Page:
Rx for Spain: Student Studies Medicine Abroad

Published: August 07, 2015 | Author: Tommy Gugino | Read Time: 2 minutes

When Colby Presley was encouraged by faculty in Southern Utah University’s Spanish department to apply for a scholarship to study in Spain he thought his chances of getting it were slim.

Colby Presley, SUU Student, studies in Spain

Out of hundreds who applied for the National Study Abroad Scholarship through Sigma Delta Pi, the National Hispanic Honor Society, Presley was one of the few selected to study in La Universidad de Alcalá in Alcalá de Henares, Spain, a suburb college town of Madrid.

“When I was selected, I realized how amazingly invested the professors of SUU are for their students, especially in the Department of Languages and Philosophy,” he said. “I would not have heard of or even applied to the scholarship had it not been these professors.”

Alexandra Perkins, SUU assistant professor of Spanish, was one of the professors who urged Presley to apply for the program. She said, “I recommended Colby for this program because he possesses an incredible desire to learn from others and to learn about other cultures. He has an outstanding record of academic achievement as well as community and global service.”

Iliana Portaro, assistant professor of Spanish and advisor for SUU’s chapter of Sigma Delta Pi, said of Presley’s acceptance into the program, “Colby is a very bright student and this scholarship is very well-deserved,” she said. “He has many diverse academic interests, but he has managed to incorporate his passion for language in all of them. He is a clear example of how beneficial it is to pair a language with any major.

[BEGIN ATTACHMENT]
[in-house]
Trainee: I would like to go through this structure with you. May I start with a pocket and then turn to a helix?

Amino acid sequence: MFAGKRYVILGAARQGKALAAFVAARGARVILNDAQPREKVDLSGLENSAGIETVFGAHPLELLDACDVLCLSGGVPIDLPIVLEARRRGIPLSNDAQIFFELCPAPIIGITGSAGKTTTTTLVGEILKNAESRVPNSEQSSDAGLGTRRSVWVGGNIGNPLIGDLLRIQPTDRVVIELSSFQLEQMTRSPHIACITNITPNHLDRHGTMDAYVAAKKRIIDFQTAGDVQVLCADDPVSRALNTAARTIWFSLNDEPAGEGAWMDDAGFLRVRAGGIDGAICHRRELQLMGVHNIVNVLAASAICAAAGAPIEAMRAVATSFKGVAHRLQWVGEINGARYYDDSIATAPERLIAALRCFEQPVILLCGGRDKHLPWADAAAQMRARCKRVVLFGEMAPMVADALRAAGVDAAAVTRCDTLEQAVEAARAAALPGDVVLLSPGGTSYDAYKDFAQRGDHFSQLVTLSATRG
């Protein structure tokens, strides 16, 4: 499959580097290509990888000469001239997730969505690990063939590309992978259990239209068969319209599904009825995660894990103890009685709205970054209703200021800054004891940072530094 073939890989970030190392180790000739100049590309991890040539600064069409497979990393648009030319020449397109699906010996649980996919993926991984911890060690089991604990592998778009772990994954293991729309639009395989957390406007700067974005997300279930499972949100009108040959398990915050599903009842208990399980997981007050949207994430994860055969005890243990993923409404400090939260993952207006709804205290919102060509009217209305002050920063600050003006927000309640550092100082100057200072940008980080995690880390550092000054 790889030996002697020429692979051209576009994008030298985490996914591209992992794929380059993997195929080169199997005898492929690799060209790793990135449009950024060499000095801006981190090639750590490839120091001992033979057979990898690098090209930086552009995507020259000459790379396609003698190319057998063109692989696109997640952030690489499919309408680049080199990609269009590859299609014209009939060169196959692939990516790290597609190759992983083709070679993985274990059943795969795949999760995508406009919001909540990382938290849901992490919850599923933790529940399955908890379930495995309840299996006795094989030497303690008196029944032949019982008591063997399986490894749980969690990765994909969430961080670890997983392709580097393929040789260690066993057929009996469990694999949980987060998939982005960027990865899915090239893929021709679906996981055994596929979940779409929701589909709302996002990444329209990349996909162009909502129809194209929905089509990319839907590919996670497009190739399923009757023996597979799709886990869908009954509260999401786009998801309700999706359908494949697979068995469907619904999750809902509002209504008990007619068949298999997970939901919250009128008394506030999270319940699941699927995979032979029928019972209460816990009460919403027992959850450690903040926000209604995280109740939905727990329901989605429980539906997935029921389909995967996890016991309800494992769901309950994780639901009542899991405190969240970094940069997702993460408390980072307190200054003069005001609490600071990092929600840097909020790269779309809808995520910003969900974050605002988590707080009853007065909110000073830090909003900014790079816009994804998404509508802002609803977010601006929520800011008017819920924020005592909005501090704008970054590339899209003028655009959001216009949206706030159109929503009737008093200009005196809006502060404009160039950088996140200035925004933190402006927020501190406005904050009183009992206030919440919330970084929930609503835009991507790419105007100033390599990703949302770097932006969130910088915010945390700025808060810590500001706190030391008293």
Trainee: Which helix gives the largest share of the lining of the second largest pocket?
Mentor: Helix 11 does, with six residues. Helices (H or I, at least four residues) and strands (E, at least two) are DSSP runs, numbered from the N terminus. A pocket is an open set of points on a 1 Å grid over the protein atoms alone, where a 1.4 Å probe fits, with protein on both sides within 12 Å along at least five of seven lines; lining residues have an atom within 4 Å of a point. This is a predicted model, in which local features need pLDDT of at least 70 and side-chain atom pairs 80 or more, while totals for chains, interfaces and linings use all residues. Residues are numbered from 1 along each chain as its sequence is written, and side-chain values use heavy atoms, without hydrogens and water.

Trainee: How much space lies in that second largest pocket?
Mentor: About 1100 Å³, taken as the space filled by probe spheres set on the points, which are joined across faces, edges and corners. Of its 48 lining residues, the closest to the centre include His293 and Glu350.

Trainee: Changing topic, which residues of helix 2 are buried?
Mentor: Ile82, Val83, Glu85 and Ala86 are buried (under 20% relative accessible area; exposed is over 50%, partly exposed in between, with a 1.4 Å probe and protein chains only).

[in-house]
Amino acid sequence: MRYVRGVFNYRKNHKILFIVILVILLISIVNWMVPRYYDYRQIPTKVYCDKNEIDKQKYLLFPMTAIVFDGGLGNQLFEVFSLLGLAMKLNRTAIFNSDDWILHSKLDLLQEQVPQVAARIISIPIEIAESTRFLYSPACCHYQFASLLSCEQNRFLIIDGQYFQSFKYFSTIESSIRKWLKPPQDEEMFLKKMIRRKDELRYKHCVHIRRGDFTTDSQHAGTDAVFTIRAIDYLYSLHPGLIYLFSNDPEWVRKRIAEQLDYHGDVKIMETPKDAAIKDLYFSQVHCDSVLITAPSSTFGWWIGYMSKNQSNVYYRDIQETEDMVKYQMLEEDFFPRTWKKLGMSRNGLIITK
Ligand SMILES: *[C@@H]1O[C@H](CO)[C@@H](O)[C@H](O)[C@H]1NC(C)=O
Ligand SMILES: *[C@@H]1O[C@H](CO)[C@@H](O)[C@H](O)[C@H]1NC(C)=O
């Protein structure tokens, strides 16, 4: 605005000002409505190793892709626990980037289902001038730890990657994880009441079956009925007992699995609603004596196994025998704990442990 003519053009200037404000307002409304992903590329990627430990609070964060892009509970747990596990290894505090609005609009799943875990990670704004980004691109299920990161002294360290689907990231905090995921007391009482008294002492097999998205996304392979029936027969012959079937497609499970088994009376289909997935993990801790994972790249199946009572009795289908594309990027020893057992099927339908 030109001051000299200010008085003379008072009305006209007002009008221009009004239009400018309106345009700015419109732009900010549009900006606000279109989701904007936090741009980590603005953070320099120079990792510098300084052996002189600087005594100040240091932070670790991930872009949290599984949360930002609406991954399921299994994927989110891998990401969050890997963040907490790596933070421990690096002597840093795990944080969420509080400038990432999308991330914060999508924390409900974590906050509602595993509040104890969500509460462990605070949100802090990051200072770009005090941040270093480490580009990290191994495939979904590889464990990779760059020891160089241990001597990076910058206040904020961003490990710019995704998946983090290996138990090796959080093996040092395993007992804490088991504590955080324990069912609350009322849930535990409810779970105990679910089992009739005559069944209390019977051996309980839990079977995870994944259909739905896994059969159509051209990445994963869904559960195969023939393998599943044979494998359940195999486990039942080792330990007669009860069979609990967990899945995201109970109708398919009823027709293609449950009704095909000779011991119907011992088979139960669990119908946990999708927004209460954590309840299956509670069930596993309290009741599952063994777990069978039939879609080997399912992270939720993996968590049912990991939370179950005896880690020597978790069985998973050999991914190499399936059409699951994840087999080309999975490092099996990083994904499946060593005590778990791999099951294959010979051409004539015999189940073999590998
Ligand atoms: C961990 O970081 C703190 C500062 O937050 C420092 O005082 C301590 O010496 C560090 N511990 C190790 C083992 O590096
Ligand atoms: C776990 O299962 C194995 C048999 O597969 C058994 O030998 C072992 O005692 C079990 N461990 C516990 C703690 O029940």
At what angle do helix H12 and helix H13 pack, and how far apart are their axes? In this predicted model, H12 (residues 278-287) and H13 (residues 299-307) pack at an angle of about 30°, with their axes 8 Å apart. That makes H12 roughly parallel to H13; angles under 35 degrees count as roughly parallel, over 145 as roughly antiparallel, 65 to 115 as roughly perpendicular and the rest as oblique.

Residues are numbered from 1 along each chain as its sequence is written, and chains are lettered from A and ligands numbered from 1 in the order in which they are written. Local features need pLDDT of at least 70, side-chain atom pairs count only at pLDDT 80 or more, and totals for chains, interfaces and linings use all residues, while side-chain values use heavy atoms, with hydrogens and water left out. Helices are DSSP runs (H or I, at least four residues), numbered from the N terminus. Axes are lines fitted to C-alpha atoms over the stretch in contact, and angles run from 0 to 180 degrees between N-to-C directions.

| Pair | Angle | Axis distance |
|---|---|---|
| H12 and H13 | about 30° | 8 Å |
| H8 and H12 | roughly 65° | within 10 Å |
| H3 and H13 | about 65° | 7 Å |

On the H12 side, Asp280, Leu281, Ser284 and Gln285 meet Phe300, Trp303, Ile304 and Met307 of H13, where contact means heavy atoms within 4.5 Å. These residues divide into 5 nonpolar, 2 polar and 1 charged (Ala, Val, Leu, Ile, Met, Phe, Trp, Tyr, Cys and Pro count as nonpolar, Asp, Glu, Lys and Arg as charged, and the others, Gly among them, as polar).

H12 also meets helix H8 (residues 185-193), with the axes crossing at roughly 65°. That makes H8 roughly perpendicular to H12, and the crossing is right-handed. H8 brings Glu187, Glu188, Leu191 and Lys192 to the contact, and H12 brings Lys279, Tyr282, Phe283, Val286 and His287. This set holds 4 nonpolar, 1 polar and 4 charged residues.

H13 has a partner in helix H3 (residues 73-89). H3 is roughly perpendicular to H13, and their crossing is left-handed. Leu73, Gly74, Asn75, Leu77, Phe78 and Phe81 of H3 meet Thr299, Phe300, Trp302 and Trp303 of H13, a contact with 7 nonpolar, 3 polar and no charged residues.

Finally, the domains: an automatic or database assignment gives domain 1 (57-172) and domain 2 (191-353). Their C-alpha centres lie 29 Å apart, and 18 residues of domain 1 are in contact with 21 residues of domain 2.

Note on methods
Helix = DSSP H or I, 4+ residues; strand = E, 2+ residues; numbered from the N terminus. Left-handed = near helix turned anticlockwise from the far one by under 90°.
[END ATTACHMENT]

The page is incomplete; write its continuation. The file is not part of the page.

During his month in Spain, Presley, a political science and Spanish double major from Blythe, Calif., studied medical Spanish and worked with a dermatologist while in the program. He said American medicine and Spanish medicine were not as different as he had originally thought.

“I learned that in medicine, communication, no matter the language, is beyond important because you have to understand your patient, not just their pain or illness,” Presley said. “I was taught how to communicate and speak with patients in order to always treat my patients as a person who needs help opposed to simply a patient who needs medicine."

He said he will bring his love of medicine back to campus in the fall where he will be assisting students in the Rural Health Scholars (RHS) program with breaking down cultural differences, especially for students in the program who are traveling with RHS to Nicaragua and the Dominican Republic.

Presley went to say that the program will have a long lasting effect on how he studies and practices medicine. “We must realize that we are human beings who beat with one heart,” he said. “We have to take care of each other, no matter the cultural or language barrier that exists. Competition gets us no father as humanity in general but compassion moves us much farther in development.”

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